In terms of fees, upfront fees tend to be high, while ongoing fees tend to be very low. A discharge fee may also apply at the end of the loan term. Loan repayments can be made weekly, fortnightly or monthly.
HSBC home loans review
HSBC offers a range of home loan options, primarily aimed at overseas and local investors. However, it also offers home loans for first homebuyers, upgraders and refinancers.
While some HSBC home loans come with moderately low interest rates, others attract high interest rates – so it’s important to compare what’s on the market before deciding if an HSBC home loan is the most suitable option.
Similarly, some HSBC mortgages come with an offset account and redraw facility while others don’t, meaning the level of flexibility depends on the type of home loan chosen.
Although HSBC is an established and well-known bank, it isn’t necessarily the cheapest when it comes to interest rates and fees. Borrowers may get the most value out of their home loan by taking advantage of rate discounts, special offers or other benefits through HSBC Premier.
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Most comparison sites give you information about rates, fees and features, but expect you’ll pay more with a low advertised rate and $400 ongoing fee or a slightly higher rate and no ongoing fee. The answer is different for each borrower and depends on a number of variables, in particular how big your loan is. Comparisons are either done based on just today or projected over a full 25 or 30 year loan. That’s not how people borrow these days. While you may take a 30 year loan, most borrowers will either upgrade their house or switch their home loan within the first five years.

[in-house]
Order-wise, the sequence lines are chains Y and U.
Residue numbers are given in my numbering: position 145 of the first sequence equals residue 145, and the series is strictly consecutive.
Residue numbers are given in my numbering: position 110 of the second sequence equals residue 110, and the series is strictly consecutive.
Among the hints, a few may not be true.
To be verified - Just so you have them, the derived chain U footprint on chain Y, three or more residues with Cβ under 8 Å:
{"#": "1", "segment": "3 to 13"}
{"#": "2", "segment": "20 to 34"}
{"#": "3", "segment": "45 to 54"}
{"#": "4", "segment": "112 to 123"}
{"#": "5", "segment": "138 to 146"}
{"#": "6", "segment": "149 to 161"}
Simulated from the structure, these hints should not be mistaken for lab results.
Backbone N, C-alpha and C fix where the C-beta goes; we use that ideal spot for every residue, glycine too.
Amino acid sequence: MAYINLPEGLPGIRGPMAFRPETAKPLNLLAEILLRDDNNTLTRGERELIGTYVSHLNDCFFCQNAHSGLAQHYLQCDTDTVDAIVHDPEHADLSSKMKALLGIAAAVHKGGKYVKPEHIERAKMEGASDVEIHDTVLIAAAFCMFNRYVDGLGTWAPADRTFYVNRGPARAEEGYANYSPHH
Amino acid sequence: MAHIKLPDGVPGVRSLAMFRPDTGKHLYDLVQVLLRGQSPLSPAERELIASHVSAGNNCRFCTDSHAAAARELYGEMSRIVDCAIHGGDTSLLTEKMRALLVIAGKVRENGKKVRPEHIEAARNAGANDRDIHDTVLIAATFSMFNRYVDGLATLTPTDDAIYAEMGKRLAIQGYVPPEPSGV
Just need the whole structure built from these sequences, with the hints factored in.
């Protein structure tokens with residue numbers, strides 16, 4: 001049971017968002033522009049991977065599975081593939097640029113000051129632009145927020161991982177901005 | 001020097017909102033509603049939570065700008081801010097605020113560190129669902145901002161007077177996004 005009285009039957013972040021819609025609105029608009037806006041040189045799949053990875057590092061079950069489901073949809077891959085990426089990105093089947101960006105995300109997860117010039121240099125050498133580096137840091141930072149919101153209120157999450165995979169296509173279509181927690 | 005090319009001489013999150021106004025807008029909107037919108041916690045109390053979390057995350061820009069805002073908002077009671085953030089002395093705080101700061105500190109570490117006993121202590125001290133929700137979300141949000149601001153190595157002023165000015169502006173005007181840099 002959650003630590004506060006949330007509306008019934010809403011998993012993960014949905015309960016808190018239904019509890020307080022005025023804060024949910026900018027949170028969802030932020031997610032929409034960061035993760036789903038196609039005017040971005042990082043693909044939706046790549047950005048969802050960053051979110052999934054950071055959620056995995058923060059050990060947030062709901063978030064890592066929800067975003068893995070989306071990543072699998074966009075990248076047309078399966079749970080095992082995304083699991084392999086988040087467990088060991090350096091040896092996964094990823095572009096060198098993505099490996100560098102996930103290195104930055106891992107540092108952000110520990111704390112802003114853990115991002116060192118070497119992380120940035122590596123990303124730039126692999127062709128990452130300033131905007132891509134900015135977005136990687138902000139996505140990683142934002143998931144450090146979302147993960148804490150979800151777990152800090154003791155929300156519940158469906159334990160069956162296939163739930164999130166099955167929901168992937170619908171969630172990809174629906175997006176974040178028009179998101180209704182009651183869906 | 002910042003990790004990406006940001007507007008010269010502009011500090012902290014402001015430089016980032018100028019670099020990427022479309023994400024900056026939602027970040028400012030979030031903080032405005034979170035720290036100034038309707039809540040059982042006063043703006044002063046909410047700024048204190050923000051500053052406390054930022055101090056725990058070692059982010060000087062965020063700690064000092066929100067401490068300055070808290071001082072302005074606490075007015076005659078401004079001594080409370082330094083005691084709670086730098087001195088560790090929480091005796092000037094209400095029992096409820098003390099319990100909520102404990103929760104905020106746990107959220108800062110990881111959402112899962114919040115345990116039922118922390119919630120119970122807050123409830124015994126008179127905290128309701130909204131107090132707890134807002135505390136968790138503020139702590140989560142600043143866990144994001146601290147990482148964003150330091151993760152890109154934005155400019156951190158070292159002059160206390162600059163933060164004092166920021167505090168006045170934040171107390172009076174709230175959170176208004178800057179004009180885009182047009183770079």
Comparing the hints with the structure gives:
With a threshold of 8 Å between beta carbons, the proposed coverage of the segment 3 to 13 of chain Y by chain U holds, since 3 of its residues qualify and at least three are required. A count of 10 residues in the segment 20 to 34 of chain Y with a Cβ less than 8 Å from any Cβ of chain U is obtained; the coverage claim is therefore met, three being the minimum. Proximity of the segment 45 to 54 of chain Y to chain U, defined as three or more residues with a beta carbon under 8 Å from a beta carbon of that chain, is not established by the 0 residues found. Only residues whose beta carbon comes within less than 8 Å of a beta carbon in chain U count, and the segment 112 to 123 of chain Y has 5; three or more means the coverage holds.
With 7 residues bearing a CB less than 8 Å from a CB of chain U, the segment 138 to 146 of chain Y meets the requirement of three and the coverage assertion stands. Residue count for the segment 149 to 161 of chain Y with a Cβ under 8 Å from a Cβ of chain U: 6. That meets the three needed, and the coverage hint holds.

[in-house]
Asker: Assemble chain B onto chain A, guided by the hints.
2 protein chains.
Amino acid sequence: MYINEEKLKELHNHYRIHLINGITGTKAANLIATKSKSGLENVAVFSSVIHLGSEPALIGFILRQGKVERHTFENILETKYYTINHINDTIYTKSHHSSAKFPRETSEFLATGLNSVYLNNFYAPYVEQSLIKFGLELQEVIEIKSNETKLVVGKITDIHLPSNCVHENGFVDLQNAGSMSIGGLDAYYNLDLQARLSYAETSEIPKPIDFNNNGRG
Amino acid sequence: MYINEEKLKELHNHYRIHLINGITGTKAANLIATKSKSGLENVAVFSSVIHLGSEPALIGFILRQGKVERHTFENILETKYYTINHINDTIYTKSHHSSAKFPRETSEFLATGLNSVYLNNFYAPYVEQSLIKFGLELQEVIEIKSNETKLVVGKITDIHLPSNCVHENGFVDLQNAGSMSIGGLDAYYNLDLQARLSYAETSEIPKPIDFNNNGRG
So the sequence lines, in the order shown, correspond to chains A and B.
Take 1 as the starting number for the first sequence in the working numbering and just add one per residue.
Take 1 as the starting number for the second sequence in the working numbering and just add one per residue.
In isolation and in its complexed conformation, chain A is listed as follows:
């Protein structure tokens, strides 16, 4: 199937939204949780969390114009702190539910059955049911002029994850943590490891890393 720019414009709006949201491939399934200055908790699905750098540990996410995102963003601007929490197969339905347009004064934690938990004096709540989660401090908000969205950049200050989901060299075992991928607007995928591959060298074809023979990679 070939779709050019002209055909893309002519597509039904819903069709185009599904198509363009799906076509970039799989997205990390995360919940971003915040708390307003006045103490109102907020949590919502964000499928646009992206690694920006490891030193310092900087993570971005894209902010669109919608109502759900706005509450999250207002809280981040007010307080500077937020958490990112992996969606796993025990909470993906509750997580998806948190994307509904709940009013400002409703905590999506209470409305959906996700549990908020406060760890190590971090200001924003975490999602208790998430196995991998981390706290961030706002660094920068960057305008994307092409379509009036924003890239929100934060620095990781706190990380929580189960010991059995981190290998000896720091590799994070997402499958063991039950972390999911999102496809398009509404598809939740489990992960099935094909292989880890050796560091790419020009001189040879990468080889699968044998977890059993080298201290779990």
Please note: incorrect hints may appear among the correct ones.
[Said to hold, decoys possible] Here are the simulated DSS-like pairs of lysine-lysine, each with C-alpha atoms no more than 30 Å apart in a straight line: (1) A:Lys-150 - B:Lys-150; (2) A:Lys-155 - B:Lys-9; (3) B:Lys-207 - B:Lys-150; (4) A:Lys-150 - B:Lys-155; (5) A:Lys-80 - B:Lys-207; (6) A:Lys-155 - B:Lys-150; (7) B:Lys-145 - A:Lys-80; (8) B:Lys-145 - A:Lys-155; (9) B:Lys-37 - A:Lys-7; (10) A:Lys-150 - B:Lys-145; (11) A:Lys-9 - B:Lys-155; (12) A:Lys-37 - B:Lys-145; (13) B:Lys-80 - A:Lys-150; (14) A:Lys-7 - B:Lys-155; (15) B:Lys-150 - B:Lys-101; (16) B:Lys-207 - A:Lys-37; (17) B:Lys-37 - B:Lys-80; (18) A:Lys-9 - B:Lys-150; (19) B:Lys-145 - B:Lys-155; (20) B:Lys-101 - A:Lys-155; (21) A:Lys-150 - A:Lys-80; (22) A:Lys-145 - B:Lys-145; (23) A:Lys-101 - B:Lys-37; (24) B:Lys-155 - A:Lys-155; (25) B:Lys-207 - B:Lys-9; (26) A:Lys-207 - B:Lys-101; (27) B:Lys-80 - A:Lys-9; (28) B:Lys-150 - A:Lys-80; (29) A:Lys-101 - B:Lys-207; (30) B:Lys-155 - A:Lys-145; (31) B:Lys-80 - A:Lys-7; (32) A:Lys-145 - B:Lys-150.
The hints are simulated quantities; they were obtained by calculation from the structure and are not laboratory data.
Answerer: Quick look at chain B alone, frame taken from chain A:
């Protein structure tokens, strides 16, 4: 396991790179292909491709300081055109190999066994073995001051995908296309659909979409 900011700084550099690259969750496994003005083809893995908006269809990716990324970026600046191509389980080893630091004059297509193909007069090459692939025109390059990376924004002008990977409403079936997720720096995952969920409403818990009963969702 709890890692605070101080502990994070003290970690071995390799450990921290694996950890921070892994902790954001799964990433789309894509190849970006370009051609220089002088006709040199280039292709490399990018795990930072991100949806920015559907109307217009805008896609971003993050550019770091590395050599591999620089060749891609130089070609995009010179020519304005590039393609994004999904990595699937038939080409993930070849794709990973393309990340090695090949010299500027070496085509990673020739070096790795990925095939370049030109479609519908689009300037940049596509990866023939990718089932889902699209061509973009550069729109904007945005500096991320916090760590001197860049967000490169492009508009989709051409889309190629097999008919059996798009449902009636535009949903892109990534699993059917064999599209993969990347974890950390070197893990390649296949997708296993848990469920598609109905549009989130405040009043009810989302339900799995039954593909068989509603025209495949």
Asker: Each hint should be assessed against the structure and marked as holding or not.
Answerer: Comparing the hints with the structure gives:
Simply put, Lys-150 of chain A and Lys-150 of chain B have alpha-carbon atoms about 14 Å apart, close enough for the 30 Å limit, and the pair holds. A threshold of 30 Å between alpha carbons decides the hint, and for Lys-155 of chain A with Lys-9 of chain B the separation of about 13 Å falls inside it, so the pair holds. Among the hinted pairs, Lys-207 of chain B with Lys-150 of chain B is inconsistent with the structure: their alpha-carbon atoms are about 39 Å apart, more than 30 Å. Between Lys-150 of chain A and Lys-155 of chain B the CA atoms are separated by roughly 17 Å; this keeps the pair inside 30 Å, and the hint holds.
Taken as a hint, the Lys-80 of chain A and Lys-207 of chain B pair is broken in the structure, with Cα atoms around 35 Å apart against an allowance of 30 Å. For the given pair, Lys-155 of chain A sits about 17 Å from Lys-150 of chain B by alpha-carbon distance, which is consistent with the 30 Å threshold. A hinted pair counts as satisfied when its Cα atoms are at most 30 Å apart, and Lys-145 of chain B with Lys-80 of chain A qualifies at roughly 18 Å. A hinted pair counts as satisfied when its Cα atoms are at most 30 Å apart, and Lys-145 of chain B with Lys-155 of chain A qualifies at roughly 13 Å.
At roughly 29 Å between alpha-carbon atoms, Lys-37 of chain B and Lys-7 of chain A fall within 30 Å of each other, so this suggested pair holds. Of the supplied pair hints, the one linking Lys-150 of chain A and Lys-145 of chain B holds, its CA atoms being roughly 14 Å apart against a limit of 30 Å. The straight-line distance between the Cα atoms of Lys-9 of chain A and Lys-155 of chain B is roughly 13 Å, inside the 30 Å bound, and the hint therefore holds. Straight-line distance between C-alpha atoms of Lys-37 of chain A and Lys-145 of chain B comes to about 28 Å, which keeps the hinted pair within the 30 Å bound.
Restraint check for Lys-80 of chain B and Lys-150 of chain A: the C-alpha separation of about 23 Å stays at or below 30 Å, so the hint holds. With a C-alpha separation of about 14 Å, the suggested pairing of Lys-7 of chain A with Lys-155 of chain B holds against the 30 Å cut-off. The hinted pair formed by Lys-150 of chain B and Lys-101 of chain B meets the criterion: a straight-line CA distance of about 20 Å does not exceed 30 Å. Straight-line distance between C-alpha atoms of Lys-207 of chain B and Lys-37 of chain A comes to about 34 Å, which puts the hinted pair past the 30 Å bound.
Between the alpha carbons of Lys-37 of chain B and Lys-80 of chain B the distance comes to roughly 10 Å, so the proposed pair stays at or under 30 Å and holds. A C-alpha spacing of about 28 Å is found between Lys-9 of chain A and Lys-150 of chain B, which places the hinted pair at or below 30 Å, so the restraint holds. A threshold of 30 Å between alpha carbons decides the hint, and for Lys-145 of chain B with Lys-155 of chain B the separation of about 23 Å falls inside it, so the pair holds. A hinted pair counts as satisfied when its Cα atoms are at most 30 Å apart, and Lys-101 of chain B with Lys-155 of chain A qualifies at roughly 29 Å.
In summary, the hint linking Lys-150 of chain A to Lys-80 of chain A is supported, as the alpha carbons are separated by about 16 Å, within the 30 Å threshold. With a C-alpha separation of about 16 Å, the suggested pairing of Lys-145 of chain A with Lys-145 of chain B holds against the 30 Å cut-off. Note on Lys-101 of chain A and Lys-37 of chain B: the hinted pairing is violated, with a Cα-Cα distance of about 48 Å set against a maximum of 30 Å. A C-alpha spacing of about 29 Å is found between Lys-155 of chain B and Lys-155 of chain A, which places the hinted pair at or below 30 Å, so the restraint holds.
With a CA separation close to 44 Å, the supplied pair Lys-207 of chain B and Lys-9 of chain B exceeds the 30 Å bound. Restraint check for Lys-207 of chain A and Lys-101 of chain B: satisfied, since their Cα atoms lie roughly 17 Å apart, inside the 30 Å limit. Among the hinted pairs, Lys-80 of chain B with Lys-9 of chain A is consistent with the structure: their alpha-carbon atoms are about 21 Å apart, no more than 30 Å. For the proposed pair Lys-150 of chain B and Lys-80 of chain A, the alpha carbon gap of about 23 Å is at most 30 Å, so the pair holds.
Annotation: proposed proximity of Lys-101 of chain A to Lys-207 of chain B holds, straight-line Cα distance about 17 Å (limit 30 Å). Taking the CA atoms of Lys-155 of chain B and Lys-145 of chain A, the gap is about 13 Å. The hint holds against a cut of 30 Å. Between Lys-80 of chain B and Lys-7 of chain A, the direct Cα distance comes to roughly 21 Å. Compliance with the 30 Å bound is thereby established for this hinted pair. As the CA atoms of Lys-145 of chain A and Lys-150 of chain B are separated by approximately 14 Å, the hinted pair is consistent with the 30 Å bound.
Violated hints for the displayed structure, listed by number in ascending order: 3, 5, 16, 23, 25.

You’re also expected to know exactly which features you want. This is fine for the experienced borrower, but most people know some flexibility is a good thing, but don’t know exactly which features offer more flexibility than others.
What is the flexibility score?
Today’s home loans often try to lure borrowers with a range of flexible features, including offset accounts, redraw facilities, repayment frequency options, repayment holidays, split loan options and portability. Real Time Ratings™ weights each of these features based on popularity and gives loans a ‘flexibility score’ based on how much they cater to borrowers’ needs over time. The aim is to give a higher score to loans which give borrowers more features and options.
They’re not always timely
In today’s competitive home loan market, lenders are releasing new offers almost daily. These offers are often some of the most attractive deals in the market, but won’t get rated by traditional ratings systems for up to a year.
The assumptions are out of date
The comparison rate is based on a loan size of $150,000 and a loan term of 25 years. However, the typical loan size is much higher than that. Million dollar loans are becoming increasingly common, especially if you live in metropolitan parts of Australia, like Sydney and Melbourne. It’s also uncommon for borrowers to hold a loan for 25 years. The typical shelf life for a home loan is a few years.
The other problem is because it’s a percentage, the difference between 3.9 or 3.7 per cent on a $500,000 doesn’t sound like much, but equals around $683 a year. Real Time Ratings™ not only looks at the difference in the monthly repayments, but it will work out the actual cost difference once fees are taken into consideration.